Anyway, the Jets were really sucking rope all through the first half. Goddamned Steelers were doing whatever they wanted, and that monster Rashard Mendenhall just feeding off every tackle, sucking the energy from it and propelling himself another five yards at will. It was like getting tackled was food for the guy. On top of that, our Mexican QB Superhero Mark Sanchez couldn't get a thing going. It was a trainwreck, but Adam and I decided to try to make the beer last until at least halftime, lest we drown our sorrows too early. 24-3 at the half, with the last Steelers TD scored off an embarrassing fumble recovery that had no business occurring. I slapped my thighs the way I do when it's time to do the next thing.
"Well!" I announced this. "Let's get some beer."
Your mom doesn't give a shit about football, can't even pretend, so I found her where she was rolling around in the bedroom. I told her we were going on a beer run and did she want anything from Mobil. She said no, not really, she's fine. I guess. Something was off. Your mother likes to keep it to herself when something is off. She never offers. I had to ask, "What's up?"
"Well," she said half-heartedly. "I think my water just broke."
It was hard to say. It wasn't like the movies, this big whoosh. Just a trickle. We investigated her clothing. She didn't want to be a bother, thought maybe it was a false alarm. "I'm sorry I'm getting in the way of the game."
I said we would go get beer and see how she felt when we got back. Then I took one step, turned back around, and said, "Nah. You put on some real pants and I'll put on some real shoes and let's go have a baby." And I found Adam in the living room in his winter coat and said, "Hey, instead of a beer run can you drive us to the hospital?" And Adam was excited because he'd totally fucking called it.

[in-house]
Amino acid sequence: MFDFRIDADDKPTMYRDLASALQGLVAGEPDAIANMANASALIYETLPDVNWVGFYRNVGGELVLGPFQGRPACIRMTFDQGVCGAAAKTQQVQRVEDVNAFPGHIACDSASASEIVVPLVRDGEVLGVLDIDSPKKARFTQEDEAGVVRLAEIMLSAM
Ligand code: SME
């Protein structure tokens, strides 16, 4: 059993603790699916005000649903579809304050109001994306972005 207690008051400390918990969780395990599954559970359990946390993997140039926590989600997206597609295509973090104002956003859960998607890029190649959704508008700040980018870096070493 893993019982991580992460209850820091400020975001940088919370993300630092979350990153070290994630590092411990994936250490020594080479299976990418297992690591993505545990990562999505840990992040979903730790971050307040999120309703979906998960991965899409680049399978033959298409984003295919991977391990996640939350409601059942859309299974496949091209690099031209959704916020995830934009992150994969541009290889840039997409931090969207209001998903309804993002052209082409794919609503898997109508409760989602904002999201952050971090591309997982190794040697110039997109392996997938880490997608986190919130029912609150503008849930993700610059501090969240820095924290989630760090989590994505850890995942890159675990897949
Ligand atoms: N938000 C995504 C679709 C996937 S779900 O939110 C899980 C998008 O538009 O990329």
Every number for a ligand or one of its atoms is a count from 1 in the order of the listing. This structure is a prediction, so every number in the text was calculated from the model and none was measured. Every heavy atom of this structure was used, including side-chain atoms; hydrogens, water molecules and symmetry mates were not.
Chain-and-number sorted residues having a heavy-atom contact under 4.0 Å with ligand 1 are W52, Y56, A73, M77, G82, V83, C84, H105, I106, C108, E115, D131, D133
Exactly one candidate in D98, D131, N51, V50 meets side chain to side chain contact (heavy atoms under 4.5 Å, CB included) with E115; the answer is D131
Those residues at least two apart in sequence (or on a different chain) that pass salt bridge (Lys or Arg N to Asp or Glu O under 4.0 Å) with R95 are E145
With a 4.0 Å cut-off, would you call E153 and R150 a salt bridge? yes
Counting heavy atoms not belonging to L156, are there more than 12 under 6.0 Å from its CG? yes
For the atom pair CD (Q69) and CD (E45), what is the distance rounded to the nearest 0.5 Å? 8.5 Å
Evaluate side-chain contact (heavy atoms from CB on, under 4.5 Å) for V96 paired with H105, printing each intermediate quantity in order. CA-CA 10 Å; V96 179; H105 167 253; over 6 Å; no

There was a TV in the waiting room, so Adam and I watched the end of the game with the doctors and nurses. The Jets almost pulled it off, mijo! It was a crazy good comeback, but the Steelers prevailed and they deserved it. It was OK. I like the Steelers. I root for them because my favorite political blogger roots for them. It's dumb.
You know who else rooted for them? The doctor in training who put in your mom's IV. We're pretty sure it was her very first time. It did not go well.
After about an hour they finally came out and told me that you were coming and it was time to go to the delivery room. I hugged Adam goodbye. I texted and called everybody in The Family. I told my boss I was not coming in to work. I took a picture of your mom in a funny hat in her hospital gown and sent that around.
It's now 5:30 in the morning. Your mom is getting some sleep. She's already been in pain, but they gave her some meds to knock her out before her doctor gets here in a half hour. She's doing so good, Gonzo. You're gonna be proud of her. Your mom's a badass.
Today's the big day, Gonzo. I am looking out the window at the lit up monument in Fort Green Park. We have a private room, thanks to your dad's old job taking him back and giving him nice insurance again. It's Go Time, little man or lady.
I am watching the monitor and you are giving your mother a mammoth contraction. She cannot feel it. She has her headphones in and she's snoring lightly. A woman in labor is screaming and crying in Spanish in the room next door. I will sleep now, in this pink bracelet my Aunt Moochie gave me before she beat cancer and this t-shirt I bought in New Orleans when we all went down for Uncle Junebug and Uncle Sleazy's birthday. There are so many people who love you so much already, and I can't wait for you to meet every single one of them. See you in the morning, kiddo.